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On his arrival into the National Basketball Association, an ominous, mysterious mythology blossomed about Mikhail Prokhorov. All around the world, everyone had a story about the bad-ass billionaire owner of the Brooklyn Nets.
Notice was served to the NBA: Prokhorov planned to entice your star players with global playboy junkets, side deals and Jay Z's courtside daps. He planned to obliterate your salary cap, hand out two-fisted luxury-tax payments. Everyone feared a rogue basketball colony in Brooklyn.
As it turns out, Prokhorov has been an absentee landlord overseeing a flawed and failed vision. His aura stripped away, mostly they'll remember Prokhorov as a malfunctioned ATM machine spitting out cash and showing up at training camp to perform basketball tricks fit for a kids' birthday party into the blank stares of the Nets' players.
For the $123.2 million in luxury tax that Prokhorov has paid out, he'll be toasted on the verandas and yachts of rival owners who've bathed in his wayward excesses. They pocketed his millions, pilfered his picks and beat the Nets senseless.
Prokhorov has drained his franchise's natural resources – unloading seven first-round and 11 second-round picks in the five-plus years of deposed general manager Billy King's regime. The Nets have no present, no future, no identity. They're too impatient to hire an accomplished NBA GM and slowly, surely work themselves out of this ditch.
As much as anything, that's why Nets CEO Brett Yormark is determined to repackage John Calipari as a franchise savior. The Nets couldn't get star players to sell tickets and TV ratings, so he wants to try a star college coach. Again.
Yormark is pushing Prokhorov to reach back to the Nets' Jersey roots, dust off a failed '90s experiment and sell it as something sparkling and new. Twenty years ago, the Nets stunned everyone with a five-year, $15 million contract for the UMass coach. For Calipari to consider the Nets – and, yes, the Sacramento Kings, too – league sources tell Yahoo Sports that the teams have been informed of his asking price: 10 years, $120 million.
When Calipari spoke with minority ownership in Sacramento last spring, he told them that it would take an offer of $11 million-plus a year to get his attention, league sources said. Calipari turned down a 10-year, $80 million-plus offer with the Cleveland Cavaliers in 2014, because he wouldn't leave Kentucky with only an incremental raise on what is now an $8 million to $9 million annual package on campus.
Cleveland's offer has become a baseline for Calipari's contractual demands: He wants the 10 years and now the $12 million a year that Phil Jackson makes to run the Knicks.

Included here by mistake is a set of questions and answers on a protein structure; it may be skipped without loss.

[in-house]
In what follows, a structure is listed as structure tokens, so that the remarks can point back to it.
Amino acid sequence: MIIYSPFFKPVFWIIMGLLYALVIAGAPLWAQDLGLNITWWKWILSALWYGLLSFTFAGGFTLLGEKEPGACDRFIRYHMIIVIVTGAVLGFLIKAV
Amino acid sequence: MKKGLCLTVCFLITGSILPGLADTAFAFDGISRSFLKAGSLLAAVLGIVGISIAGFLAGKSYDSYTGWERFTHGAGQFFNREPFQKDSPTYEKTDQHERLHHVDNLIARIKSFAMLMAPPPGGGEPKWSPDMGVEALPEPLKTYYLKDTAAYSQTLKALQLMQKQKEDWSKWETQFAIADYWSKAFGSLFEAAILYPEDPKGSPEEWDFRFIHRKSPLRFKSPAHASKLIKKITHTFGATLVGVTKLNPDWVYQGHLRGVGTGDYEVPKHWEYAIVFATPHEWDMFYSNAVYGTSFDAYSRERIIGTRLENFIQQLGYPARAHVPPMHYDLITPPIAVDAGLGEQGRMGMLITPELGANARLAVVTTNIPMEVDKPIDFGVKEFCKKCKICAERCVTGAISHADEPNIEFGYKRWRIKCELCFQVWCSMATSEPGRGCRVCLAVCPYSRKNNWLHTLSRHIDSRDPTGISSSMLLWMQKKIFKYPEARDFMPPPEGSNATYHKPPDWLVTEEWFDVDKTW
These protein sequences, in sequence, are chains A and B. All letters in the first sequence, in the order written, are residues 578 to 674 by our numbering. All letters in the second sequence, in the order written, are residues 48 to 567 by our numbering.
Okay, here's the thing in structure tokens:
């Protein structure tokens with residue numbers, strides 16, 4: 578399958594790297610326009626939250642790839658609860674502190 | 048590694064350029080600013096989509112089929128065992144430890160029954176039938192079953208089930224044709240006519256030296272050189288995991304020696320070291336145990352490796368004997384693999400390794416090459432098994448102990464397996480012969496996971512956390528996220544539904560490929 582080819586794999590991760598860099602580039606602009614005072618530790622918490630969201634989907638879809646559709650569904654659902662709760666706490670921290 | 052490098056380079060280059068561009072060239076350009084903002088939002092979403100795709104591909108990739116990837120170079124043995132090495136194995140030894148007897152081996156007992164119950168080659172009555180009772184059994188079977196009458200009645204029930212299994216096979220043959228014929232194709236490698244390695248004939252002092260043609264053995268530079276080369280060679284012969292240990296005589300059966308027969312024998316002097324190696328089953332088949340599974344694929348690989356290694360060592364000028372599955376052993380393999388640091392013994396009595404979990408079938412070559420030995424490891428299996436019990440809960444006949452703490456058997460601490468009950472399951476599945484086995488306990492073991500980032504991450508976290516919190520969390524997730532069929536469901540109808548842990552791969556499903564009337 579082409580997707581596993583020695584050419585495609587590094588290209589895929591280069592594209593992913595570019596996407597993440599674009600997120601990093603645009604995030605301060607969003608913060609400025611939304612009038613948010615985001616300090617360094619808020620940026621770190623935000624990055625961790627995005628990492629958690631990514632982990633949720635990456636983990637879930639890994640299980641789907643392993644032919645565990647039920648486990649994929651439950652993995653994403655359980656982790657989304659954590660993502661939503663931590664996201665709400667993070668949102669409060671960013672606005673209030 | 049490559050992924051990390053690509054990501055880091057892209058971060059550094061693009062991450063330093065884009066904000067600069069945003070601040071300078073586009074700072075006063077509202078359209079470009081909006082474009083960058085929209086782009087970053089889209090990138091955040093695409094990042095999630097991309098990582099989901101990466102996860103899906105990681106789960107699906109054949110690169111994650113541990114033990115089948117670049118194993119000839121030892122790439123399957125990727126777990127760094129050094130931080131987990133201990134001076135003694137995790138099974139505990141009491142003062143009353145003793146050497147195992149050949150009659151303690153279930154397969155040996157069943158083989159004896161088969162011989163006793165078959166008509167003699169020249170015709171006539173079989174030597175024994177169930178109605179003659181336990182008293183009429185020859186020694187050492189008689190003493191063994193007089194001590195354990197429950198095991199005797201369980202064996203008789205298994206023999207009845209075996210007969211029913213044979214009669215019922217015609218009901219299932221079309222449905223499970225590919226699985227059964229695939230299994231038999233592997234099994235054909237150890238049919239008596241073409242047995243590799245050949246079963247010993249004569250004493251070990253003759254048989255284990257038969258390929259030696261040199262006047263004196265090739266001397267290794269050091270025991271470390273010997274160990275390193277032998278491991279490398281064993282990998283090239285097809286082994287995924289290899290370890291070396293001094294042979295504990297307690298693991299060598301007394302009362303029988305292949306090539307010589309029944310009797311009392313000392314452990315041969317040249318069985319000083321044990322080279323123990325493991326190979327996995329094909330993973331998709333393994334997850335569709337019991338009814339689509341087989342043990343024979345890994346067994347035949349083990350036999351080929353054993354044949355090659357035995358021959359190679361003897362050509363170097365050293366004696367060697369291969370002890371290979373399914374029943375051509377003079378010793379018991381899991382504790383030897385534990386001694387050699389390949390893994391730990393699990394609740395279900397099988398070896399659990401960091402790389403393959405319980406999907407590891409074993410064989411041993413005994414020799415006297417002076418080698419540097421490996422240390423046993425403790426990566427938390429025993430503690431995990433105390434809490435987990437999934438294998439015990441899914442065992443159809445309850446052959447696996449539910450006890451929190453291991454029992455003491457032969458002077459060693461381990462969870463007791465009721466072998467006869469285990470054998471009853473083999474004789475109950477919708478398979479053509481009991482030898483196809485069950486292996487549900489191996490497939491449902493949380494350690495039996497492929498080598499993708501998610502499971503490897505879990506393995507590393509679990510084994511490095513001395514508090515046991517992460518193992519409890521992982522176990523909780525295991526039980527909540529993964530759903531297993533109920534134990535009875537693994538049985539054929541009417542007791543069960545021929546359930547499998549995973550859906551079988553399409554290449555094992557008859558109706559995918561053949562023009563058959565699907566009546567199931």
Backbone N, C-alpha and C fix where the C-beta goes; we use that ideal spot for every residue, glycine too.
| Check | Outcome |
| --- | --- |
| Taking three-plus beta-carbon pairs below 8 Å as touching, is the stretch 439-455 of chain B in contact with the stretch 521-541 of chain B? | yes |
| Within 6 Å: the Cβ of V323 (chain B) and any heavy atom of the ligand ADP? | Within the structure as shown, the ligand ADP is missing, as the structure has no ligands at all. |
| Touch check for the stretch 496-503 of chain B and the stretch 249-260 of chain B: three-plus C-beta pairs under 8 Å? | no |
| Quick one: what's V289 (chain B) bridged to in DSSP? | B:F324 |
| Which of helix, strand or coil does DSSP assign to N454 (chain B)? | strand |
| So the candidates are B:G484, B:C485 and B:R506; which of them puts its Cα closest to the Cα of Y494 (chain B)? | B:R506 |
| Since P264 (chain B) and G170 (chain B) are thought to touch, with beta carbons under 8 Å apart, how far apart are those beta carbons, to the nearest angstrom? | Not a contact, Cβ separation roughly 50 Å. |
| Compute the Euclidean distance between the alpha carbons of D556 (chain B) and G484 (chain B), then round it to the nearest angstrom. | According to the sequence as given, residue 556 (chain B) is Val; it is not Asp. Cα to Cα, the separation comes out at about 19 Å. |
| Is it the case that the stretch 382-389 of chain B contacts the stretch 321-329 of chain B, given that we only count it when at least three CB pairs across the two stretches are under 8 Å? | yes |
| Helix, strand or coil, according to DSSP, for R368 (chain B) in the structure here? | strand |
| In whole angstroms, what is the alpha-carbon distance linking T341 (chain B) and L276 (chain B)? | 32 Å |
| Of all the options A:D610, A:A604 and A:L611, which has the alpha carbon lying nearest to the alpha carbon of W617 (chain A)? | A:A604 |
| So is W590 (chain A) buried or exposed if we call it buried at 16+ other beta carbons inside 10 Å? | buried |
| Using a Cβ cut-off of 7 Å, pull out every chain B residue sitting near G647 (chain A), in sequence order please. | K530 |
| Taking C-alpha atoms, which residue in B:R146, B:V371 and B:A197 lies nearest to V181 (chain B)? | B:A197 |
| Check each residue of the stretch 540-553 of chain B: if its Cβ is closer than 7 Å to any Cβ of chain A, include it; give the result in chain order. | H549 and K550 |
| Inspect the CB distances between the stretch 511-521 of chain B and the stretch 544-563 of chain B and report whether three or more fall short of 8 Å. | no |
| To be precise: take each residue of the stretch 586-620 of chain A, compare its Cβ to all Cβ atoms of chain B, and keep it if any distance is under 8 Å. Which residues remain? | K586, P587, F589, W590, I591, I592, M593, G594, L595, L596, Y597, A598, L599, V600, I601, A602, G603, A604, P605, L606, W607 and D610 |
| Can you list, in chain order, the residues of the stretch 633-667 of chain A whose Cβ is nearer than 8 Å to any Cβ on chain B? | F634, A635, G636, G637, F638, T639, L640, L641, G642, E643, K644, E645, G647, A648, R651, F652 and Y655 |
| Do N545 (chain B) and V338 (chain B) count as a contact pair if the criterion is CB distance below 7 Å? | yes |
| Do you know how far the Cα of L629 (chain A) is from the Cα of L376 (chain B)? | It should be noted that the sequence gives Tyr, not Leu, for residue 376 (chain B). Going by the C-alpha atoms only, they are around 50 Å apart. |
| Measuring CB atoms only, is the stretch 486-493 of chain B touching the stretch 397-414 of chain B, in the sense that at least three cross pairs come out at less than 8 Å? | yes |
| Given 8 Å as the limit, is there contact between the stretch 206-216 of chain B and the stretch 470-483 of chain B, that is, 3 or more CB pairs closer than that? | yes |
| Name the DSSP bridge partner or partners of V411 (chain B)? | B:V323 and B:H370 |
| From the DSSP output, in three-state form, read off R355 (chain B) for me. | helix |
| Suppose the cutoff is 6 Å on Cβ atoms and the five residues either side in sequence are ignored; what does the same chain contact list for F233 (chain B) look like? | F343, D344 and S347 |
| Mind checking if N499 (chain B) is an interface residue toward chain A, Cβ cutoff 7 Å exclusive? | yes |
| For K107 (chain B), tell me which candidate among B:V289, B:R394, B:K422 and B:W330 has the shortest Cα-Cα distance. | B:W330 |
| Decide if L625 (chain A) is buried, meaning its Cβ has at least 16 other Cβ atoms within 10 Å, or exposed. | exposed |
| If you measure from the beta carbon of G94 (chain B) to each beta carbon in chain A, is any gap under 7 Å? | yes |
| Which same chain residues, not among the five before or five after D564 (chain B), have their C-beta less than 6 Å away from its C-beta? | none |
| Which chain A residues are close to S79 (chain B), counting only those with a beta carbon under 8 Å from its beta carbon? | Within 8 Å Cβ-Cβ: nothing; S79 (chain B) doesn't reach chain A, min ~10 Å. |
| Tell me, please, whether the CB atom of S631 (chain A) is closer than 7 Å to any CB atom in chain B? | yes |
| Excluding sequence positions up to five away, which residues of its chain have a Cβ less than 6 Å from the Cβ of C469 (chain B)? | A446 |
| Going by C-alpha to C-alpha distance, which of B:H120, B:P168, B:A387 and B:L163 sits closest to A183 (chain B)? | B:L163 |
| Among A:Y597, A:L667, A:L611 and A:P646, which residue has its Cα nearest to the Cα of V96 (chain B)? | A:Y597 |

Calipari's sell will be this: As his old Kentucky stars – DeMarcus Cousins (2018), John Wall (2019) – become free agents, he'll have the Nets positioned to sign them. His former players have largely kept excellent relationships with him, but there are those close to them who say that most of his ex-stars remain reluctant to committing to 82 games a year of Cal's abrasive style. It wore out players fast in the 1990s in New Jersey, and Calipari would need to bring a different disposition to the NBA and prove that he's willing to treat NBA players like men, not teenagers.
Around Calipari, there are some who prefer him to take the Kings job, because there's more of an infrastructure in place. Brooklyn has been left in shambles, with immense limitations on reshaping the roster. Nevertheless, New York is New York, and Calipari has never stopped thinking about redeeming himself in the pros. His enshrinement into the Naismith Basketball Hall of Fame in September makes it even easier to justify the years of NBA losing that will likely prelude a turnaround, because he no longer needs to keep shining that résumé for Springfield.
Before the Kings approached him late last spring, Calipari had been hoping the New Orleans Pelicans would consider him, league sources told Yahoo. The idea of reuniting with Anthony Davis was the allure, but New Orleans had no interest in giving him complete control, nor paying his massive salary.
Eventually, Calipari engaged in conversations with the Kings on and off for several weeks, but owner Vivek Ranadive didn't have the minority ownership support to authorize that kind of an investment, sources told Yahoo Sports.
One minority owner with the Kings, who was part of multiple calls with Calipari, told confidants, "He kept saying it wasn't about the money, but he kept talking about the money."
For Calipari, the perfect scenario will be engaging the Kings and Nets in a bidding war. In that instance, Prokhorov could be hard to beat. So now, there promises to be two parallel searches for the Brooklyn Nets' next GM and coach: one that includes traditional candidates; and one that is the dance with Calipari. There were cringes within the Nets over the PR ramifications, but ownership plans to use King as a consultant on the search process.
Between now and the end of the college basketball season, Calipari will issue his typical denials on a return to the NBA, but talks will be ongoing and the leveraging intense. Calipari has always wanted back in the NBA, and the Nets give him a chance for everything he wants: the money, the power, the geography.
For John Calipari and Mikhail Prokhorov, the question will come down to this: Does each give the other a chance to win?
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